August, 18 2018

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Washington Program get $2 Million to Help Troubled Teens

About 200 teens and young adults involved in the juvenile justice system -- or who are at risk of committing an offense -- will be served in new King County career and education centers financed by a $2 million federal grant.

The New Futures Network will provide an array of educational, vocational and case management services through a partnership of 10 community and government agencies.

How this New Program for Troubled Youth Will Help

The 18-month grant, recently awarded by the U.S. Department of Labor, will replicate the work of the YouthSource center in Renton, which helps young people complete their high school education, prepare for jobs and gain leadership skills.

The network will consist of YouthSource and two other sites: YouthCare's Orion Center in downtown Seattle, which serves at-risk and homeless youth, and a center at a location yet to be determined, possibly Kent or Auburn.

Giving Troubled Youth Tools to Create a Positive Future

Programs that help struggling youths in a variety of ways are "very successful in stopping the cycle of criminal activity and giving youth the tools to create a positive future," said Kris Stadelman, chief executive of the Workforce Development Council of Seattle-King County, the lead applicant for the federal grant.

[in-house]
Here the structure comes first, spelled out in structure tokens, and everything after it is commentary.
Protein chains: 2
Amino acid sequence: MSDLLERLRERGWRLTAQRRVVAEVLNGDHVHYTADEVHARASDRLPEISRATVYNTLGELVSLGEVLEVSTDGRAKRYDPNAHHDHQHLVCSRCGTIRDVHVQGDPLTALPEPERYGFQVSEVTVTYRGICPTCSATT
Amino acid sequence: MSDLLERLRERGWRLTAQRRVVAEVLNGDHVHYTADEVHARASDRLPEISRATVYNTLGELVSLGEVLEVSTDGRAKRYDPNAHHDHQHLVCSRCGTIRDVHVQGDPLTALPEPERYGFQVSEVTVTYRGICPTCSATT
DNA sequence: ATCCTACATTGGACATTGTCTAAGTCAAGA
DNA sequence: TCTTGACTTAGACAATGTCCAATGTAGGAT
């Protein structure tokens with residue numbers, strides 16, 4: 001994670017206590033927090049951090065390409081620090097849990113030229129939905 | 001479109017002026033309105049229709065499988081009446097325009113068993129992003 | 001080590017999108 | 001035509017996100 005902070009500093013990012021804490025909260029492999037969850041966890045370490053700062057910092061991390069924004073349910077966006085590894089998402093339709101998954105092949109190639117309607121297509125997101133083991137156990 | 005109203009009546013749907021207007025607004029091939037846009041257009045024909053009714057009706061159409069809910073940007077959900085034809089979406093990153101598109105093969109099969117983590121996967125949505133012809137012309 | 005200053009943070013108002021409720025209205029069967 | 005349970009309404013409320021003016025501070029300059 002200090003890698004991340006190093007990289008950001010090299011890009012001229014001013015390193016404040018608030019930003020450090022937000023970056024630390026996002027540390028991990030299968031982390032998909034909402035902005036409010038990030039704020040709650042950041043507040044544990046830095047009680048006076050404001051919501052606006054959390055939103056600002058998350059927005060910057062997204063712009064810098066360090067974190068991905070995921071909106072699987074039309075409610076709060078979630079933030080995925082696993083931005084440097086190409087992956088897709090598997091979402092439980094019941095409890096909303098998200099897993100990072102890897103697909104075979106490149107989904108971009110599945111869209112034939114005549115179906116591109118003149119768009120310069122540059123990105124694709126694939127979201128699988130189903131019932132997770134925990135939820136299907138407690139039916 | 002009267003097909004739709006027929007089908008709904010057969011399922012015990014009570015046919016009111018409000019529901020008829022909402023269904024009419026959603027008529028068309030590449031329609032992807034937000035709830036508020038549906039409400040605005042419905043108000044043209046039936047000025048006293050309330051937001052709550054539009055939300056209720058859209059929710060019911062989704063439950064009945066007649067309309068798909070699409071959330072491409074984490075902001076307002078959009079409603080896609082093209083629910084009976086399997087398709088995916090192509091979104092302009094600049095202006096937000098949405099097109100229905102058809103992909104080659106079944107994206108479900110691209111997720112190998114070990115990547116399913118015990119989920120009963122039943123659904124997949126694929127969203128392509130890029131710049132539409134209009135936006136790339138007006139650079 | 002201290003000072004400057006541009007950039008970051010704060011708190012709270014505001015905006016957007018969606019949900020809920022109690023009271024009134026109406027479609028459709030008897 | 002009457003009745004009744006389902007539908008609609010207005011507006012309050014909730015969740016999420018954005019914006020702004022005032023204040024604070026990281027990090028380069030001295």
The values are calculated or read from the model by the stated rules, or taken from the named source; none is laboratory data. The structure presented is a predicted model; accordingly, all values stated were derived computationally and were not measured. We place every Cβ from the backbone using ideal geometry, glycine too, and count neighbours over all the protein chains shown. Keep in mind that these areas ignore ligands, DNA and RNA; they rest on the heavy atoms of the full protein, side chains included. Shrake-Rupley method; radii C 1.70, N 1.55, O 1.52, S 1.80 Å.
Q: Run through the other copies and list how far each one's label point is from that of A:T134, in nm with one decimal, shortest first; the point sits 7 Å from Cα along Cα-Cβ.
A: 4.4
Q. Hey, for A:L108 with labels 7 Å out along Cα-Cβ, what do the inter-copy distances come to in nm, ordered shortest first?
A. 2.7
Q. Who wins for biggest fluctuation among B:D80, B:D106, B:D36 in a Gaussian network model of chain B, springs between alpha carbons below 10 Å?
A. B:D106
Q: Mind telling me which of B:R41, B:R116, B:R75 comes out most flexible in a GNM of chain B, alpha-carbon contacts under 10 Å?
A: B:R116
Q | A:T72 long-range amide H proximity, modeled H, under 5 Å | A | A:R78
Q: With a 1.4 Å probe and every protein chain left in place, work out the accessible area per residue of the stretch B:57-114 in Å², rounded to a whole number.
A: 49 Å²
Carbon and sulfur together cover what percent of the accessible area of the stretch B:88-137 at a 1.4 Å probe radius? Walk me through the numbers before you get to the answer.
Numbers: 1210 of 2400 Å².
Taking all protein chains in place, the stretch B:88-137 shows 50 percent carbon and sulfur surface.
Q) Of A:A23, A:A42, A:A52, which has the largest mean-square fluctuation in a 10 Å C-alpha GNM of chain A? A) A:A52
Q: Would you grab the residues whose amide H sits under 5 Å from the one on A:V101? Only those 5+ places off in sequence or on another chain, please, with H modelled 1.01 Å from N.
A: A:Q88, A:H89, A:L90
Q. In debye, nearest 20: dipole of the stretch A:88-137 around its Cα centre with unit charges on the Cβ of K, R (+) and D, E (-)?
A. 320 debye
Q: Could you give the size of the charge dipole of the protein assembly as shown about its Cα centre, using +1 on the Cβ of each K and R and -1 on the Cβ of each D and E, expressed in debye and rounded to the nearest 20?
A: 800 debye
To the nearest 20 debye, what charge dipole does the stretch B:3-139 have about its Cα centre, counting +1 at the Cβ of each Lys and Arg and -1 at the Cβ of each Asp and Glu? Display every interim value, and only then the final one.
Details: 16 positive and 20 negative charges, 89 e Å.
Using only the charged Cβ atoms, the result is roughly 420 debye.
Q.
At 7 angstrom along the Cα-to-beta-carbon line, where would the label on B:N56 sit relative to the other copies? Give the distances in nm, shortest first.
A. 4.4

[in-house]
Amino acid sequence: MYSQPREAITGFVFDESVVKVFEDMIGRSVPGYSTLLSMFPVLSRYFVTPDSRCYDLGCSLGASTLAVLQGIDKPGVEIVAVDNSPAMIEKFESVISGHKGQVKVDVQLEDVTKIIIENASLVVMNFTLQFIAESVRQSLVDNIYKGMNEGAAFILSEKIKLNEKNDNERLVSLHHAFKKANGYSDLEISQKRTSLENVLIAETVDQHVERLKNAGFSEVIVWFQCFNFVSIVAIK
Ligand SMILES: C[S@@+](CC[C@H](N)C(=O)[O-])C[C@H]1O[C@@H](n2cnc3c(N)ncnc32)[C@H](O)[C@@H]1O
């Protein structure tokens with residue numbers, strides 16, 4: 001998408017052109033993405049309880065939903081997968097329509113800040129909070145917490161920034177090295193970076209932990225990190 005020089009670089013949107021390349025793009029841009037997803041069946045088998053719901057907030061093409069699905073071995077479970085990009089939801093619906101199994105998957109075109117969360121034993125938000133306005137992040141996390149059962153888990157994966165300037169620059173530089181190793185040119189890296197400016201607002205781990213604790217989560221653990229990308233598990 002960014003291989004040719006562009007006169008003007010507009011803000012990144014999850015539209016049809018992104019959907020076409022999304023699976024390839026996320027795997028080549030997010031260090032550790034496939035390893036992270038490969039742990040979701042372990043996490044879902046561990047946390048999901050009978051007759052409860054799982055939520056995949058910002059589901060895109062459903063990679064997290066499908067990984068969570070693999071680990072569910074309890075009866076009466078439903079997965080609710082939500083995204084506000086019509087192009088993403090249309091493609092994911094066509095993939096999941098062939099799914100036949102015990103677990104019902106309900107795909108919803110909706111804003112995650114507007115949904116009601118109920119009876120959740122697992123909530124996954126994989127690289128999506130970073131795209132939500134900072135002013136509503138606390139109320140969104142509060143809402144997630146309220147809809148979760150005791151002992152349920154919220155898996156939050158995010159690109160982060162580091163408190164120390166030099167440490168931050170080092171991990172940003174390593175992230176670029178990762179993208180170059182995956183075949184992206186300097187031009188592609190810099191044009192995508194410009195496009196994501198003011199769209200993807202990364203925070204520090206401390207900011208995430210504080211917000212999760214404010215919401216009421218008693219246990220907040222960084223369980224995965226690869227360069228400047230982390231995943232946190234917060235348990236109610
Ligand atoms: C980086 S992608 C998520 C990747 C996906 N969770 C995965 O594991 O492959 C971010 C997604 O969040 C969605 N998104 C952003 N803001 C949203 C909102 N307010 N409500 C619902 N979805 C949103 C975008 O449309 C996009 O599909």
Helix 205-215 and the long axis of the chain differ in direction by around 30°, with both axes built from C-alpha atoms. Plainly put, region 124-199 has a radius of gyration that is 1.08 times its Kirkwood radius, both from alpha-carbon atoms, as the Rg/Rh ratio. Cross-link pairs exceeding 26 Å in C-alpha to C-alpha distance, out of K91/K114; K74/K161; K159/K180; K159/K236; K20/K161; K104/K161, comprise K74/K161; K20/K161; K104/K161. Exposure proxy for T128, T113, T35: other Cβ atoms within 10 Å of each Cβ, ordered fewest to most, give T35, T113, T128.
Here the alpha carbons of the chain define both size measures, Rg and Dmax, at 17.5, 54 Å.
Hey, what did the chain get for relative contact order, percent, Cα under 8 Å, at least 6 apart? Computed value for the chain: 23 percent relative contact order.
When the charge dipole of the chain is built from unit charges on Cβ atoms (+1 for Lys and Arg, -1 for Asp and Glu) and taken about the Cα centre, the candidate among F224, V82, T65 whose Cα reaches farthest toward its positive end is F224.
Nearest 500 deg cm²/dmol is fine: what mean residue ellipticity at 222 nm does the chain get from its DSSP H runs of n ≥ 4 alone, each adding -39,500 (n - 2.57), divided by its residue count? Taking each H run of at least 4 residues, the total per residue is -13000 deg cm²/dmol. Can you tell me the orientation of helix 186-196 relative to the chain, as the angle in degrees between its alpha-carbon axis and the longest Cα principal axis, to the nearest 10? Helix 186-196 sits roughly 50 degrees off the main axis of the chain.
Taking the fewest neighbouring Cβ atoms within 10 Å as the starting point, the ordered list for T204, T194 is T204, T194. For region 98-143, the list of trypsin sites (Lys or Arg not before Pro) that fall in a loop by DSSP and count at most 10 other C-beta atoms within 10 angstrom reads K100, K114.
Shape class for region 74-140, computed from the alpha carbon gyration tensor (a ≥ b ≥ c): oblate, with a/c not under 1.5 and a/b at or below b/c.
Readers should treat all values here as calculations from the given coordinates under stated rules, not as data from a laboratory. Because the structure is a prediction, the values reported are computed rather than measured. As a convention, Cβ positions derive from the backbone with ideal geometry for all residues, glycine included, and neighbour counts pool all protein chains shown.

The network will serve youths age 14 to 24 who are referred from the county's superior and juvenile courts, Seattle Public Schools and other agencies.

Youths will receive "occupational skill training at the same time they're completing their GED or making credits up," said Dan Fey, director of advancement for the Workforce Development Council. "They're learning math, science and reading through job skills, making learning more relevant."

How many Youth Need Help?

More than 2,000 young people have their cases settled in court each year in King County, with more than 3,600 diverted from prosecution, according to the grant application for the New Futures Network.

In helping youths stay out of trouble and be productive members of society, the network will attempt to bridge the "large gap between the wealthy and those less fortunate," the application said.

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